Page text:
Date of Award


Level of Access Assigned by Author

Open-Access Thesis

Degree Name

Master of Science (MS)


Forest Resources


David B. Field

Second Committee Member

Thomas B. Brann

Third Committee Member

Bret P. Vicary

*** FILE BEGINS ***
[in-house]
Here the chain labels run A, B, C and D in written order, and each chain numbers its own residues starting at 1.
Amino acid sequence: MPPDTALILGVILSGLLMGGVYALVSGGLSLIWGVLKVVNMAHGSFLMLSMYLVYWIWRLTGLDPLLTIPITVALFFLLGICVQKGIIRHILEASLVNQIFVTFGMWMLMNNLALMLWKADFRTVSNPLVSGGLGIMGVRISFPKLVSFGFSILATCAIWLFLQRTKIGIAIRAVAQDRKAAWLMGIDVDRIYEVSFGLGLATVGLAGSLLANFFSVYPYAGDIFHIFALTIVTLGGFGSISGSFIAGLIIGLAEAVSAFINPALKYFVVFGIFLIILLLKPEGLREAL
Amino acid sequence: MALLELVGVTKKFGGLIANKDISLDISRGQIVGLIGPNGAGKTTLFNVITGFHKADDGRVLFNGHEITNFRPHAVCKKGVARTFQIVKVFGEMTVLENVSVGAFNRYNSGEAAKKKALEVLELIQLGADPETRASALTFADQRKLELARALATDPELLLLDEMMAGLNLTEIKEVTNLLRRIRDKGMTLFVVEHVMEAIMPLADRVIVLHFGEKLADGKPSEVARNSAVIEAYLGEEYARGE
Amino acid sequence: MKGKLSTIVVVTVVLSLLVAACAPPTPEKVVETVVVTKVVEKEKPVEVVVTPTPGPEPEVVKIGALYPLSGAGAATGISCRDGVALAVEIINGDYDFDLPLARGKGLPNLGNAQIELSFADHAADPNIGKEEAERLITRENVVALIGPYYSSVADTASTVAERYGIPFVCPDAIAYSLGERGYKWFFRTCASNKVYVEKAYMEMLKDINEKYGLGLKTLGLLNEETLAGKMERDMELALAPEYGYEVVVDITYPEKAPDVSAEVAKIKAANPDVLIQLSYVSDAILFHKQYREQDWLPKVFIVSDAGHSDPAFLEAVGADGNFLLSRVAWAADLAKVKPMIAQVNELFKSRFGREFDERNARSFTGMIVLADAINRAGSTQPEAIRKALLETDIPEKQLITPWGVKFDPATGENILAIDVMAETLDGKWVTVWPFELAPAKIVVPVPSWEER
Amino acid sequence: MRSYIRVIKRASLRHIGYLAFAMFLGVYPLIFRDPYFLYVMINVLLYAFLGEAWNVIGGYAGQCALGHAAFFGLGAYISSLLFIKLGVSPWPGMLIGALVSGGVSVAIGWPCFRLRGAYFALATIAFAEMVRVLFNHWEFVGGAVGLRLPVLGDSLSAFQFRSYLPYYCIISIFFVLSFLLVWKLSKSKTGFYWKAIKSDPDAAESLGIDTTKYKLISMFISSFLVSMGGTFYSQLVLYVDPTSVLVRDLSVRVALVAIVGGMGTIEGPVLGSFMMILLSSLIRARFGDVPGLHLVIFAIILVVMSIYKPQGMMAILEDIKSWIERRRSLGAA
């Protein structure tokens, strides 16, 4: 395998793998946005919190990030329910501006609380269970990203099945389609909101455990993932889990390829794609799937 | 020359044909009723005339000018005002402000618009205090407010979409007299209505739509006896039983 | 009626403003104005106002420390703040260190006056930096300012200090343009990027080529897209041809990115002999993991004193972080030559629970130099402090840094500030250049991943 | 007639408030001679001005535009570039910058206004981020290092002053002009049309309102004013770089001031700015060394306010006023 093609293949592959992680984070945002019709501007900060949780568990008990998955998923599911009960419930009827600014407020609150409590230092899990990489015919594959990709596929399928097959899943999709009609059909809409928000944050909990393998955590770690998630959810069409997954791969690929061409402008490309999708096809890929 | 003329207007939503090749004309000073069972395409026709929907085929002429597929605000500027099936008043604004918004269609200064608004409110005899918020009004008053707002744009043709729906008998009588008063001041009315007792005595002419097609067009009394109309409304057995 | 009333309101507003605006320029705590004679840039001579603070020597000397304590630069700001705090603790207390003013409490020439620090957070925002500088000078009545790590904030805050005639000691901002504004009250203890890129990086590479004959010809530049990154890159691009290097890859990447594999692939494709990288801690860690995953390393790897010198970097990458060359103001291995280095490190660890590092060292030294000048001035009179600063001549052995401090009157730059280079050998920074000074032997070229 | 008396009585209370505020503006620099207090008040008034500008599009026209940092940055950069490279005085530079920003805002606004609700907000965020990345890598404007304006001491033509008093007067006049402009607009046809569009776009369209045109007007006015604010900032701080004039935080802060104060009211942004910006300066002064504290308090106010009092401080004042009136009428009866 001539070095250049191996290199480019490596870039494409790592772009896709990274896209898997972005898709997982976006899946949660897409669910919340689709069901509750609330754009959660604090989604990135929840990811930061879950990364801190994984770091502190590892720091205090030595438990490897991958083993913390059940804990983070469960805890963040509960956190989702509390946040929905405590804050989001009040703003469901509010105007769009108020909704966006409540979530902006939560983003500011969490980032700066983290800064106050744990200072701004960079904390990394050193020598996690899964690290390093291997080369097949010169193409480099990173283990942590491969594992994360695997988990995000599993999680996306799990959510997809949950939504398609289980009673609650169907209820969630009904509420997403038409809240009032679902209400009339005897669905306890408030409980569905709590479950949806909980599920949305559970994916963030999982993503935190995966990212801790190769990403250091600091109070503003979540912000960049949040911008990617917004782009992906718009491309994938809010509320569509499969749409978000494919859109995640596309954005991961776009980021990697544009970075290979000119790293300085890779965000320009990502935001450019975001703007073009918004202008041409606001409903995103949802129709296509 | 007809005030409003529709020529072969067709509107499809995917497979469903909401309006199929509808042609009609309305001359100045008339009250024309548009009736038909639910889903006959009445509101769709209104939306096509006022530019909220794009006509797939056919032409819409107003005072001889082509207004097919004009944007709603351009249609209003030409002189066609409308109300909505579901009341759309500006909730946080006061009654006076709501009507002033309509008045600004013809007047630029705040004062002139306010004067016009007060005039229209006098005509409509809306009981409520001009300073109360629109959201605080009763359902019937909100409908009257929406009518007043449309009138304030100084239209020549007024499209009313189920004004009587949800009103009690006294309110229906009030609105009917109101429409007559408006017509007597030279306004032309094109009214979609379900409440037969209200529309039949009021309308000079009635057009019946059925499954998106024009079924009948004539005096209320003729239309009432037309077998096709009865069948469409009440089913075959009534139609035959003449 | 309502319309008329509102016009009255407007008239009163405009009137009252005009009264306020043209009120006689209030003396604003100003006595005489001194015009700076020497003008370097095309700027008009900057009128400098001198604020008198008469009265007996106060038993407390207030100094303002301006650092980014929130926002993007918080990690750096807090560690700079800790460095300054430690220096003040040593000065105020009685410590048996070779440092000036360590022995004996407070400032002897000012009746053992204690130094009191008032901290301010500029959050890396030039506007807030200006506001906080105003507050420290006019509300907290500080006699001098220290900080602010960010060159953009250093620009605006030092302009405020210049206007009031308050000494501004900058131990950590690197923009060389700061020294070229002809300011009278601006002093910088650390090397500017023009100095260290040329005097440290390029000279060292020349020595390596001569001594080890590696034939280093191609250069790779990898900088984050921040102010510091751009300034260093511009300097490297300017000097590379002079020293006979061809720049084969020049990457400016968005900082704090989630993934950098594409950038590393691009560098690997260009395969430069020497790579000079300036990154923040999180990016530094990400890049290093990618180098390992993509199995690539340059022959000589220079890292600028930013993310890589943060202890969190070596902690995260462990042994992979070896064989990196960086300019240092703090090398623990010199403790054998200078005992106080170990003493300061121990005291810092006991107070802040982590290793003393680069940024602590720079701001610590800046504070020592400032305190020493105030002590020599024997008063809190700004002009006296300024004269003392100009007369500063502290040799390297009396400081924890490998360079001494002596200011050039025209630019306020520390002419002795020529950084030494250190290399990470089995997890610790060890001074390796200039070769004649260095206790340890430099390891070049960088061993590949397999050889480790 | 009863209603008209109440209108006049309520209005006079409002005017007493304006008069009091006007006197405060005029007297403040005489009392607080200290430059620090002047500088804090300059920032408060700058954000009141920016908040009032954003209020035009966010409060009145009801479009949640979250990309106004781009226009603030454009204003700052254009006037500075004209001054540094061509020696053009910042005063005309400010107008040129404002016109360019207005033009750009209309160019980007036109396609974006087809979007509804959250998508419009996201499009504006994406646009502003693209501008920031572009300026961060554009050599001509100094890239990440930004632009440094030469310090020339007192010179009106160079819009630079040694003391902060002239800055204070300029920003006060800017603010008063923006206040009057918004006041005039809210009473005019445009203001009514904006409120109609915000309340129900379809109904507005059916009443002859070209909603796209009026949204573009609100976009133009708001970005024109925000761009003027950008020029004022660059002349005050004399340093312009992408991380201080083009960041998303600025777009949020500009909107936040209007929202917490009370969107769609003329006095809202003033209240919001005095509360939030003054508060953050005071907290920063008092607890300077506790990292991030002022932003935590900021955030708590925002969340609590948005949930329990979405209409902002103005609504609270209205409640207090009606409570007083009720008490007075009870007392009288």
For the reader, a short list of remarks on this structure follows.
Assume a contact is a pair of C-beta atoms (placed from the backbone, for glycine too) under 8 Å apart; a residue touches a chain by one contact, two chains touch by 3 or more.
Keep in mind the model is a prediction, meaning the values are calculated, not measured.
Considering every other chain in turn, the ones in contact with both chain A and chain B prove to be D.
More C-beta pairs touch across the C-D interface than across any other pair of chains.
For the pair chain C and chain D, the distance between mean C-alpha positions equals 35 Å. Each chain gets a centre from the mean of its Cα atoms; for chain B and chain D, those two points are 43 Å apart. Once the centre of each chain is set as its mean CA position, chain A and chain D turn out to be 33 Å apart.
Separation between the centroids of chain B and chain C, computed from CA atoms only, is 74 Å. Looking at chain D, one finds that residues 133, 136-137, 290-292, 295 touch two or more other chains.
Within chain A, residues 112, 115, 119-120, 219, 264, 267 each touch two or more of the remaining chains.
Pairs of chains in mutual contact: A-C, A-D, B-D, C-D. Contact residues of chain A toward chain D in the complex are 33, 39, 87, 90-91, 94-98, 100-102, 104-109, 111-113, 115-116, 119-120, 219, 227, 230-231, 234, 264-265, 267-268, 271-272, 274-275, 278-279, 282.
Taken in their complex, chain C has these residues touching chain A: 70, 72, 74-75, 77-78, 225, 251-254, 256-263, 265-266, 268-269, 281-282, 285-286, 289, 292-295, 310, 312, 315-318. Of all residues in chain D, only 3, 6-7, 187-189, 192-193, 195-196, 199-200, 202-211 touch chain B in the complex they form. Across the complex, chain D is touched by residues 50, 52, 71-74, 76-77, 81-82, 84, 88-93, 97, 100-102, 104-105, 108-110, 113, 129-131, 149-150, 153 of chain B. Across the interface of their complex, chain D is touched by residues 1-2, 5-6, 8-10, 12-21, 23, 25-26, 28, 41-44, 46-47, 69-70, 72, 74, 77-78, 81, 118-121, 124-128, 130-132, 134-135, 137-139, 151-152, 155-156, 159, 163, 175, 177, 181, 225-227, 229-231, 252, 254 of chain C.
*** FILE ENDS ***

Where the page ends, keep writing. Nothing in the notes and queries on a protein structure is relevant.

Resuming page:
Throughout the past two decades, investors have become increasingly interested in forestland investment. During this time, land has been bought and sold at an increasing pace in the Northeast. Many of the buyers and sellers are interested in timberland exclusively as an investment. This study was divided into two sections. Part one used statewide stumpage data for 17 species-product combinations fiom 1960- 1 999 to explore the impact of property taxes, federal income tax and favorable capital gains treatment on real, after-tax rates of return to forest land in Maine. Property taxes, income taxes, and favorable capital gains taxes were varied to allow estimates of returns under conditions that ranged fiom the worst for investment purposes to the best. In addition, this study looked at how timberland compares with other investments over long periods of time. Returns on timber were compared with returns published in the long-term study of stocks and bonds developed by Ibbotson and Sinquefield. The program to calculate internal rates of return and market risk was written in Visual Basic, with the data stored in Microsoft Access and the output stored in Microsoft Excel. Part two of the study looked at an actual investment-grade timberland property in the New York/New England region to compare the results from a real piece of land with the Maine statewide averages reported in part one. The study looked at the return on investment from 1970-1999. The focus was on how the average, annual, nominal rates of return have changed over time. The Capital Asset Pricing Model was used to evaluate relationships between risk and expected return and to calculate the beta. Finally the property was compared to other common timber indexes as well as other types of investments.